A transient ischemic attack (TIA) is an ischemic stroke in which the blood flow is restored quickly and the symptoms disappear within 24 hours. In other words, it's a mini-stroke that you recover from quickly. For most patients with a TIA, the symptoms last less than one hour. The longer the symptoms last, the more likely that there will be permanent brain tissue injury.
TIAs affect 1 in 15 persons over age 65 years, but often go undiagnosed if the symptoms are not recognized. Approximately 15% of strokes are preceded by a warning TIA. Therefore, recognition of TIA symptoms is important because preventative treatment may help to reduce the chance of an impending stroke.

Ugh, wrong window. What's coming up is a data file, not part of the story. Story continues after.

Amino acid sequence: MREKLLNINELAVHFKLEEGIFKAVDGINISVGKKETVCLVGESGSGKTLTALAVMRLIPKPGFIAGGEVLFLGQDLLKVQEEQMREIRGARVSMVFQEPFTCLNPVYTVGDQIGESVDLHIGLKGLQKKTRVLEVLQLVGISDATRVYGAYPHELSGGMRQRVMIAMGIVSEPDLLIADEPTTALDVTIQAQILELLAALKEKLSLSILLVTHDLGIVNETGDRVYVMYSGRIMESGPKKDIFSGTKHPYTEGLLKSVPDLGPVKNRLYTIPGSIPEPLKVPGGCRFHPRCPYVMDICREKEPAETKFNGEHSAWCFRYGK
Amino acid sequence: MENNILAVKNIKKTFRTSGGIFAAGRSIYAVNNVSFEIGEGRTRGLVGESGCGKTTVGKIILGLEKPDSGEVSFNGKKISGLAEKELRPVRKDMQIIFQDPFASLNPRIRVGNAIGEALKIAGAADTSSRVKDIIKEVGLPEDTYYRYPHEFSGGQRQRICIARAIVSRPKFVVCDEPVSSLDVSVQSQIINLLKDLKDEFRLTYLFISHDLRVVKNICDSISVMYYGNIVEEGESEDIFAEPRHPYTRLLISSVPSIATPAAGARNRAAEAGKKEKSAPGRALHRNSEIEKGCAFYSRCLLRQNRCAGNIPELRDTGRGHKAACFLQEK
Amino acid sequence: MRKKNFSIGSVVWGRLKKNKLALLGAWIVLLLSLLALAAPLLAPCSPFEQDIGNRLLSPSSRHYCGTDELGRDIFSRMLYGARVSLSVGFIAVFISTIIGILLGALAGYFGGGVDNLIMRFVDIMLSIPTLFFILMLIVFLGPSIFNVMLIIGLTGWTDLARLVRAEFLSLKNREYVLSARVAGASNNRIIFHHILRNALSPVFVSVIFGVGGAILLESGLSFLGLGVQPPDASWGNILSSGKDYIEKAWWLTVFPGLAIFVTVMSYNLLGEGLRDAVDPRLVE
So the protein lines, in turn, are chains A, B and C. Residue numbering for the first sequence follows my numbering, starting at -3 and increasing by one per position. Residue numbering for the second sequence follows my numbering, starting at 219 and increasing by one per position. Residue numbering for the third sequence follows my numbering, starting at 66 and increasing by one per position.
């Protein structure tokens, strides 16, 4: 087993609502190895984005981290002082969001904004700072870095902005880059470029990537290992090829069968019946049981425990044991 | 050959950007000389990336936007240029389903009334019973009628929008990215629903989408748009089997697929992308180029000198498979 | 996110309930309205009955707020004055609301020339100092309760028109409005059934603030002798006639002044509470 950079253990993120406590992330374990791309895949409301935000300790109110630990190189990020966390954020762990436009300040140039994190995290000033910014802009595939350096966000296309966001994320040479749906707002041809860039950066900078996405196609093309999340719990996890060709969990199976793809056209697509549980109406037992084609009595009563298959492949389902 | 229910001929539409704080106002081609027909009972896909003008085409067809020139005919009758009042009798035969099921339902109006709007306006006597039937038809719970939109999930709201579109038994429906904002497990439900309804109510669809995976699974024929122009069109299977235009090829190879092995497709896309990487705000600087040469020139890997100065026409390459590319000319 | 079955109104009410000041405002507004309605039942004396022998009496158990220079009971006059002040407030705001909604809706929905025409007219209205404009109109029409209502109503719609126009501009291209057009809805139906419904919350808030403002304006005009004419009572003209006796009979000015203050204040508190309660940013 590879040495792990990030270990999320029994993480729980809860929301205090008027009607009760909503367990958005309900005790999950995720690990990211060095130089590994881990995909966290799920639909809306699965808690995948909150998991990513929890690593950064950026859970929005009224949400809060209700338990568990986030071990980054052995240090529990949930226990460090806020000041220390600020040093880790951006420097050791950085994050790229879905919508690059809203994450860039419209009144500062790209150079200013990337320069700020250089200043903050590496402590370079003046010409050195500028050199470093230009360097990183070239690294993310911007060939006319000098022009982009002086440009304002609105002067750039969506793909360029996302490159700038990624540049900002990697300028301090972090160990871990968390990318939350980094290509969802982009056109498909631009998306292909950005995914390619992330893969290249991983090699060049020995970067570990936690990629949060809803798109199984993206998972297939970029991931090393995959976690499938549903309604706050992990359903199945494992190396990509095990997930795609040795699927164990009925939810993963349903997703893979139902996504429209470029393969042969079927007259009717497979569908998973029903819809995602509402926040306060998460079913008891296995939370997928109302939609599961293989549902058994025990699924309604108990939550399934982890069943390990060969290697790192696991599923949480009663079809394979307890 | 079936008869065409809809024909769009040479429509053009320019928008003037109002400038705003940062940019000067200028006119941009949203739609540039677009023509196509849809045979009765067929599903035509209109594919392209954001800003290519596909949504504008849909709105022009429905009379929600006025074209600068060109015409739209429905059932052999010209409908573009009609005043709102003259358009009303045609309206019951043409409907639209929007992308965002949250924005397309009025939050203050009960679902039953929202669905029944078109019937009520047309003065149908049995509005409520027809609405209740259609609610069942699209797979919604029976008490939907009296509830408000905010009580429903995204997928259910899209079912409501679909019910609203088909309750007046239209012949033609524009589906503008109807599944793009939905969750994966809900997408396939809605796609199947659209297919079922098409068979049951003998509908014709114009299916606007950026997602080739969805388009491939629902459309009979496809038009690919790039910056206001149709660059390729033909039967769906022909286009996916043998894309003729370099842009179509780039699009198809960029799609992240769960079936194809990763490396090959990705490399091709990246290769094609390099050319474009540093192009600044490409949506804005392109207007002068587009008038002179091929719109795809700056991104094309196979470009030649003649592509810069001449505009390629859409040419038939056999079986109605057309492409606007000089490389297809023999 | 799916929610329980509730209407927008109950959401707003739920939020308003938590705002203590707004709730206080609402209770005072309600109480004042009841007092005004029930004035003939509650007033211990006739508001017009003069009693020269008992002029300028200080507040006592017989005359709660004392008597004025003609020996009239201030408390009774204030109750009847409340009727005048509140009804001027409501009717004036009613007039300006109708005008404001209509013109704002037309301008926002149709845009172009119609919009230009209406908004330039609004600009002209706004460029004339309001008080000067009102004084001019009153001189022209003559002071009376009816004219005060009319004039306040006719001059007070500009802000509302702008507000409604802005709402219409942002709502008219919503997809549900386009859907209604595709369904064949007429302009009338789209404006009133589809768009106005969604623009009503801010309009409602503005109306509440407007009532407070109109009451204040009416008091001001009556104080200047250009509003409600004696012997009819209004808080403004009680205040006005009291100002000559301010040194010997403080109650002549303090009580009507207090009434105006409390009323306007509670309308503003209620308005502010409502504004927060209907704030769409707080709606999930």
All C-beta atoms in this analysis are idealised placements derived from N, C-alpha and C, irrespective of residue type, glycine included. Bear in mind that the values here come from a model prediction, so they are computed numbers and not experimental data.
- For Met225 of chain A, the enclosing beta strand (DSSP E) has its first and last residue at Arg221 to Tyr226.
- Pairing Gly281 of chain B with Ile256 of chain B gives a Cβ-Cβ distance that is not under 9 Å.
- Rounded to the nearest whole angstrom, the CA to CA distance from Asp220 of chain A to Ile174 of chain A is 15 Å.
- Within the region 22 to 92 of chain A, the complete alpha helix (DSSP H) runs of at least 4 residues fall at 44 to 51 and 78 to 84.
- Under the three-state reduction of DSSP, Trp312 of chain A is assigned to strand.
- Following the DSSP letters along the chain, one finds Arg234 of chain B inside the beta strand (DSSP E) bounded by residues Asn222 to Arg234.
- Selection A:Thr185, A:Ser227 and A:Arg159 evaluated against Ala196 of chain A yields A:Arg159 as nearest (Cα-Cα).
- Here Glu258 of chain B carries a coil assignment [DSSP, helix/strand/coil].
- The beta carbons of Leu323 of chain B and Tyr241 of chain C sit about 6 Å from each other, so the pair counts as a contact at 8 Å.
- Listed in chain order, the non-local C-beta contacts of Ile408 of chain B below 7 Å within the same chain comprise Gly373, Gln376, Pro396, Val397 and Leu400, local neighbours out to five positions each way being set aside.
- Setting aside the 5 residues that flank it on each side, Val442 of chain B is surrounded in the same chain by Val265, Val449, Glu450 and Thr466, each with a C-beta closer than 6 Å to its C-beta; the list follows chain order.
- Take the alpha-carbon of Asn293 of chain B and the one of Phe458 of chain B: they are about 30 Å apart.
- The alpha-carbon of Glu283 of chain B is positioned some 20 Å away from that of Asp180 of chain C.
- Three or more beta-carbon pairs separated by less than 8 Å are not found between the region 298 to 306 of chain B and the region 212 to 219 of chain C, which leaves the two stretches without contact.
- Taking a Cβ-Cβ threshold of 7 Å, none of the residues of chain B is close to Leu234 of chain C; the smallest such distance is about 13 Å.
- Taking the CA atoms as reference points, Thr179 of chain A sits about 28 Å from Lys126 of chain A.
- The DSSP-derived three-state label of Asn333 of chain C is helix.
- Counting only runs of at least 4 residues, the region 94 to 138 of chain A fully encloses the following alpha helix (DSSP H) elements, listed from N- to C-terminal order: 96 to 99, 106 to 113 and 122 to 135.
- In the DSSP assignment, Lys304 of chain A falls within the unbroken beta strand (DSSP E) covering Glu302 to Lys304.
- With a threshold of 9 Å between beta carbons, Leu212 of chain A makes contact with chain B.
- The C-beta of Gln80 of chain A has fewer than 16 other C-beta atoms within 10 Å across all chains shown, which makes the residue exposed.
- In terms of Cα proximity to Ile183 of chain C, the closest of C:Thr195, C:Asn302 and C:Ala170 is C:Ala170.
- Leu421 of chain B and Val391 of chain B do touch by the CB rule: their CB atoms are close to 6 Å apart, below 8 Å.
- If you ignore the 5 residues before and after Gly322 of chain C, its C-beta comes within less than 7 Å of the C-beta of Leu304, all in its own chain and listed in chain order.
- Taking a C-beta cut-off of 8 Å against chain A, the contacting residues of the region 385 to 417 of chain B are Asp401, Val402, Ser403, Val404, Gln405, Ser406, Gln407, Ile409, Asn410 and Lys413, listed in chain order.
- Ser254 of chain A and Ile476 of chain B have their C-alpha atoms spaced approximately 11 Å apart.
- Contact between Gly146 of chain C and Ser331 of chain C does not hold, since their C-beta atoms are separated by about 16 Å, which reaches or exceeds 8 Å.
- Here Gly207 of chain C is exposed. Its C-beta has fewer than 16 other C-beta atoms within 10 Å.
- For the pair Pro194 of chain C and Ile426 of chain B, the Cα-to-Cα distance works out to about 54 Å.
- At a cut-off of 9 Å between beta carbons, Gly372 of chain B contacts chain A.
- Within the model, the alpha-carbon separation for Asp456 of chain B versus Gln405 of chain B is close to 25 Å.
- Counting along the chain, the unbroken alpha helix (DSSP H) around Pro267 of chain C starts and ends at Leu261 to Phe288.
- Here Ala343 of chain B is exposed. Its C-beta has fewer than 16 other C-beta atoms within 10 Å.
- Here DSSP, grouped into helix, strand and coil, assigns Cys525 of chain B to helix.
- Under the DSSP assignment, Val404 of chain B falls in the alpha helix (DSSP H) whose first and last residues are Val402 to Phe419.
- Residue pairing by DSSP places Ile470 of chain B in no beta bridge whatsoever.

The risk of stroke is highest within the first 3 months following a TIA, especially within the first few days. Within the first month, the average risk of stroke after a TIA ranges from 1 in 20 to 1 in 10. TIAs and strokes generally occur in people with atherosclerosis (hardening of the arteries) or coronary artery disease. In fact, people who have suffered TIAs are even more likely to die of heart attack than of stroke.